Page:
This view shows enzymes only for those organisms listed below, in the list of taxa known to possess the pathway. If an enzyme name is shown in bold, there is experimental evidence for this enzymatic activity.
|Superclasses:||Biosynthesis → Secondary Metabolites Biosynthesis → Autoinducer Biosynthesis|
Expected Taxonomic Range: Vibrionales
Cell-cell communication in bacteria is accomplished through the exchange of extracellular signalling molecules called autoinducers. This process, termed quorum sensing, allows bacterial populations to coordinate gene expression as a function of cell density. Many processes benefit from community cooperation, including bioluminescence, virulence factor expression, antibiotic production and biofilm development.
Autoinducer systems depend on two main components - the autoinducer and its receptor, which also functions as an autoinducer-dependent transcriptional regulator that binds DNA immediately upstream of the genes that are controlled.
Autoinducer systems have been implicated in regulation of various systems. For example, luxI/luxR of Aliivibrio fischeri regulate bioluminescence, luxM/luxN of Vibrio harveyi regulate bioluminescence and polyhydroxybutyrate biosynthesis, lasI/lasR of Pseudomonas aeruginosa regulates virulence factors, rhlI/rhlR of Pseudomonas aeruginosa regulates rhamnolipid synthesis as well as virulence factors, and traI/TraR of Agrobacterium tumefaciens regulates plasmid conjugal transfer [Fuqua96].
Several types of autoinducers are known. Gram-negative bacteria typically use acyl-homoserine lactones, known as type AI-1, as their autoinducers. The first autoinducer to be discovered was VAI-1, an AI-1 type compound from Aliivibrio fischeri [Eberhard81]. Many variants of AI-1 type inducers exist, differing from each other in the composition of the acyl moiety. In some cases, one organism may produce multiple types of acyl homoserine lactone type autoinducers, each produced by a dedicated synthase. A few examples are HAI-1 from Vibrio harveyi, AAI-1 from Agrobacterium tumefaciens, PAI-1 and PAI-1-2 from Pseudomonas aeruginosa and VAI-1 and VAI-1-2 from Aliivibrio fischeri [Fuqua96].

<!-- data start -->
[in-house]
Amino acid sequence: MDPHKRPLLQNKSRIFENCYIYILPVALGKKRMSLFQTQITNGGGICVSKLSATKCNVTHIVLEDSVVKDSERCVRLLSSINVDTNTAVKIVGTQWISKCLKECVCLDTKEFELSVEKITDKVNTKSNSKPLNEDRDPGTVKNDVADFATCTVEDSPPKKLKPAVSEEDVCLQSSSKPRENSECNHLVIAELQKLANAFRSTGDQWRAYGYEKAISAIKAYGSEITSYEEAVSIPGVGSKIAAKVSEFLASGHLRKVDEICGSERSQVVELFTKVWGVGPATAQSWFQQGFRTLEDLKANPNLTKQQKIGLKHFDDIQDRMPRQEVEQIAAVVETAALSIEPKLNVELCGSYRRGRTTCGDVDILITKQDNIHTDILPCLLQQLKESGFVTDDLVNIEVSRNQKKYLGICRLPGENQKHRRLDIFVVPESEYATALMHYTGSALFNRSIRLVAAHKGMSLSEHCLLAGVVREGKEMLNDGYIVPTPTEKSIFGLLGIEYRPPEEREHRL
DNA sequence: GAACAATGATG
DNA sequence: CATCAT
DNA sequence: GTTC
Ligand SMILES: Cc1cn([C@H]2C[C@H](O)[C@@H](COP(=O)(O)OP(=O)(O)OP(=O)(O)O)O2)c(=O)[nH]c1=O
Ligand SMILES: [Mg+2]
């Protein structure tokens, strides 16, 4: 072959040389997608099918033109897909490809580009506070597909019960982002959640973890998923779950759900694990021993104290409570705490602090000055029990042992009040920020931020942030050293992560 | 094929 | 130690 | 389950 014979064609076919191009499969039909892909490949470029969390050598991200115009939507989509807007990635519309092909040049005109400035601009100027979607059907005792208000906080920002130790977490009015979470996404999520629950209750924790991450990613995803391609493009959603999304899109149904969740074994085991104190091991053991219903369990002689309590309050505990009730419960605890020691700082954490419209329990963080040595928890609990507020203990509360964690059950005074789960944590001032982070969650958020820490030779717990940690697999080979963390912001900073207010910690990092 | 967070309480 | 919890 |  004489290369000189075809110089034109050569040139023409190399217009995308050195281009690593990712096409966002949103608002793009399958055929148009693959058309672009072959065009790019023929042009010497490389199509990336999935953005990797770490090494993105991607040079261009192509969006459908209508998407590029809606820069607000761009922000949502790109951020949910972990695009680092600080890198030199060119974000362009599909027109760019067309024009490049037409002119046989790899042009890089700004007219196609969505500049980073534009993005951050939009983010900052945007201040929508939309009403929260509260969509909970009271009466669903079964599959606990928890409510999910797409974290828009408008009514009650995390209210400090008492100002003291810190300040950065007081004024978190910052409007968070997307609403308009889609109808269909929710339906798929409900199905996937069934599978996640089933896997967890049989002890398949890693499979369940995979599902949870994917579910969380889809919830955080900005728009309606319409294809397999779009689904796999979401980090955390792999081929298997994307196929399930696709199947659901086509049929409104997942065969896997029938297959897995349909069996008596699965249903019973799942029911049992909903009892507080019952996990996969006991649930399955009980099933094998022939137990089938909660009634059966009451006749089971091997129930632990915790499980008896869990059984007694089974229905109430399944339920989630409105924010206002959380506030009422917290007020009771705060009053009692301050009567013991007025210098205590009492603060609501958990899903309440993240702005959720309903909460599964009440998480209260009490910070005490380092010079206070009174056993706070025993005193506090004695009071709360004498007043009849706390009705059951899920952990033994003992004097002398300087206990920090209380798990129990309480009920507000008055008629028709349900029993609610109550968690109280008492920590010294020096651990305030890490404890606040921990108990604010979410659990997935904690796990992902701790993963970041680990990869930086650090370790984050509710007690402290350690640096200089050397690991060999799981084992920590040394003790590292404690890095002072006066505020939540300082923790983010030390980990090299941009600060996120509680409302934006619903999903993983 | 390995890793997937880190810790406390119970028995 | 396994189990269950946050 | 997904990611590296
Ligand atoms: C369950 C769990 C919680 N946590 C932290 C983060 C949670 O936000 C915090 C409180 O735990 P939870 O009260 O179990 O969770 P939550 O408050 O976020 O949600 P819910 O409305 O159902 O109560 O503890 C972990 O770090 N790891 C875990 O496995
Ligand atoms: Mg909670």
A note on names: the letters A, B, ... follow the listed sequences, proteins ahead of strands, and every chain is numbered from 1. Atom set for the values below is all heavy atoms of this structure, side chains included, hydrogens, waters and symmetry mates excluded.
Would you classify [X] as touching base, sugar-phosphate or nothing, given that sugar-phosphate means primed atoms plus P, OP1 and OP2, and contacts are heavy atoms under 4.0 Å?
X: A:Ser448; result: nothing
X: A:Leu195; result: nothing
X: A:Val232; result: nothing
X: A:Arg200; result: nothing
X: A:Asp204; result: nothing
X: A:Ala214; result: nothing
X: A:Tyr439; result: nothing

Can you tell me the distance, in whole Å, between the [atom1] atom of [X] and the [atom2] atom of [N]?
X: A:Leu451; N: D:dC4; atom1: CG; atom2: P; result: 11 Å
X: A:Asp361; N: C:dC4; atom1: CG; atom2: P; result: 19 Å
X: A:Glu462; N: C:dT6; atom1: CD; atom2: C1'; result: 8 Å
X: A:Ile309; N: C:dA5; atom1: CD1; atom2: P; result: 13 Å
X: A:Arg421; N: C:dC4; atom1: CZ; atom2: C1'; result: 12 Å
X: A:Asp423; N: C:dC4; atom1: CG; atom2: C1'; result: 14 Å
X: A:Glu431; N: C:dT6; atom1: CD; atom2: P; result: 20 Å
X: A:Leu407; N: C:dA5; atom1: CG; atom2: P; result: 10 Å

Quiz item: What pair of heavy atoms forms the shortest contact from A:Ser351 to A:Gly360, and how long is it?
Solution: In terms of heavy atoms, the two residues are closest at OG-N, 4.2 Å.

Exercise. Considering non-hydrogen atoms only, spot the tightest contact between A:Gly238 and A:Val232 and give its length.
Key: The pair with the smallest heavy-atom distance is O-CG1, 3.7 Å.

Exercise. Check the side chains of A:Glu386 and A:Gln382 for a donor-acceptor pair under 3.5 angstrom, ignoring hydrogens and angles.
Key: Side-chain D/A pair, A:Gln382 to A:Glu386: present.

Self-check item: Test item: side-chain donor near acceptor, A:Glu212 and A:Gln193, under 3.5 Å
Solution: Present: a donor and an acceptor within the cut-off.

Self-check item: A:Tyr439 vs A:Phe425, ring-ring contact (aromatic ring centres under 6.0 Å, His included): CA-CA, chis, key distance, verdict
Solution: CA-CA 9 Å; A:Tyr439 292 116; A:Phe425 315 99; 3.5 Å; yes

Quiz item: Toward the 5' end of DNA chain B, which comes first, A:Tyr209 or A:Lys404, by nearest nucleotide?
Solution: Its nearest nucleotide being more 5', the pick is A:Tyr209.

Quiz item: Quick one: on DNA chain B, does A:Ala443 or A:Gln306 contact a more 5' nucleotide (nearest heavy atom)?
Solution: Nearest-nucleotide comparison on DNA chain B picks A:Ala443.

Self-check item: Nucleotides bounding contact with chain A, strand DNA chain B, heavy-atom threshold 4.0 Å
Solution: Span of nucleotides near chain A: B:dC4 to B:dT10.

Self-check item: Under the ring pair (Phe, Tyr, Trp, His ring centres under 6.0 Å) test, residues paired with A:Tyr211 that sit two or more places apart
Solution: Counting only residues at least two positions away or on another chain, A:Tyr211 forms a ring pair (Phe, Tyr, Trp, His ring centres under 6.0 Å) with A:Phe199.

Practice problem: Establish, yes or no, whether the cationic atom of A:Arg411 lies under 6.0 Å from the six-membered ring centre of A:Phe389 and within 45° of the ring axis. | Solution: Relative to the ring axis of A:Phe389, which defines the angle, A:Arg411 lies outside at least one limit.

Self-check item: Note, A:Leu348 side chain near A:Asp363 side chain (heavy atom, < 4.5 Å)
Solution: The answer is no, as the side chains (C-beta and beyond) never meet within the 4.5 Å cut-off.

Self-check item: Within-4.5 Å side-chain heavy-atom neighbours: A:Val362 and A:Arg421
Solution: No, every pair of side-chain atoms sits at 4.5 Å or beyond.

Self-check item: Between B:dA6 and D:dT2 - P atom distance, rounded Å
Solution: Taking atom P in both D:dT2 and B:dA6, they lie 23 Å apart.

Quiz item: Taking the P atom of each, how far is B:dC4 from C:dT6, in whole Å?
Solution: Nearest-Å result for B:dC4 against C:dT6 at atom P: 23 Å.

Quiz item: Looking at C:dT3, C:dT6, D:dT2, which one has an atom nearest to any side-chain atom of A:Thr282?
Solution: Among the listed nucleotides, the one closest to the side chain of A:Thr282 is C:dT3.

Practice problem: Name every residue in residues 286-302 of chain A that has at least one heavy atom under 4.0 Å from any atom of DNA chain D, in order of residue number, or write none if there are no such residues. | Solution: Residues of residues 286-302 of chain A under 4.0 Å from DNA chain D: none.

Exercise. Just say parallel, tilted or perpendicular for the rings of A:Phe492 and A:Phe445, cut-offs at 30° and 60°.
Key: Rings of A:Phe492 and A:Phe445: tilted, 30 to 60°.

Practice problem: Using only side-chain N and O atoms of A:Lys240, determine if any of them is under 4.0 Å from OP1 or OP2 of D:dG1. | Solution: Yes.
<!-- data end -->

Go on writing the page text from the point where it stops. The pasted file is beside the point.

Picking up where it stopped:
Another very common family of autoinducers include compounds produced from autoinducer 2, which was first described from the marine bacterium Vibrio harveyi, in which it is used to control luciferase expression [Bassler94, Surette99]. AI-2 type compounds are produced by a remarkably wide variety of Gram-negative and Gram-positive bacteria, leading to the proposal that AI-2 is a 'universal' signal that functions in interspecies cell-to-cell communication [Miller01, Rezzonico08].
About This Pathway
The precursor of AI-2, autoinducer 2, is synthesized by the enzyme S-ribosylhomocysteine lyase, in a reaction that is also a step in the S-adenosyl-L-methionine cycle I pathway (SAM cycle). The enzyme converts S-ribosyl-L-homocysteine to L-homocysteine in a reaction that also produces autoinducer 2. Within the SAM cycle, the main product of the enzyme is the former compound. However, in organisms that produce an AI-2 autoinducer, autoinducer 2 is of major importance as it appears to be the last enzyme-generated precursor for AI-2, and is converted to the functional autoinducer in a series of chemical modifications without the help of any known enzyme.
The exact nature of the chemical transformations depends on the species. In Vibrionales the spontaneous transformations include cyclyzation to (2S,4S)-2-methyl-2,4-dihydroxydihydrofuran-3-one, hydration to (2S,4S)-2-methyl-2,3,3,4-tetrahydroxytetrahydrofuran, and finally, in the presence of free borate ions, complexation with the later to form the active autoinducer, (2S,4S)-2-methyl-2,3,3,4-tetrahydroxytetrahydrofuran-borate [Chen02, Rezzonico08]. This particular form of the autoinducer appears to be unique to Vibrionales, which detect it using dedicated AI-2 receptors encoded by the luxP and luxQ genes [Bassler94, Reading06].
Other bacteria that produce AI-2 utilize a different form of the autoinducer. In those organisms autoinducer 2 appears to form a different stereoisomer, namely (2R,4S)-2-methyl-2,4-dihydroxydihydrofuran-3-one, which does not complex borate [Miller04] (see autoinducer AI-2 biosynthesis I). The mechanism that controls which stereoisomer is formed is still not understood.
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Chen02: Chen X, Schauder S, Potier N, Van Dorsselaer A, Pelczer I, Bassler BL, Hughson FM (2002). "Structural identification of a bacterial quorum-sensing signal containing boron." Nature 415(6871);545-9. PMID: 11823863
Eberhard81: Eberhard A, Burlingame AL, Eberhard C, Kenyon GL, Nealson KH, Oppenheimer NJ (1981). "Structural identification of autoinducer of Photobacterium fischeri luciferase." Biochemistry 20(9);2444-9. PMID: 7236614
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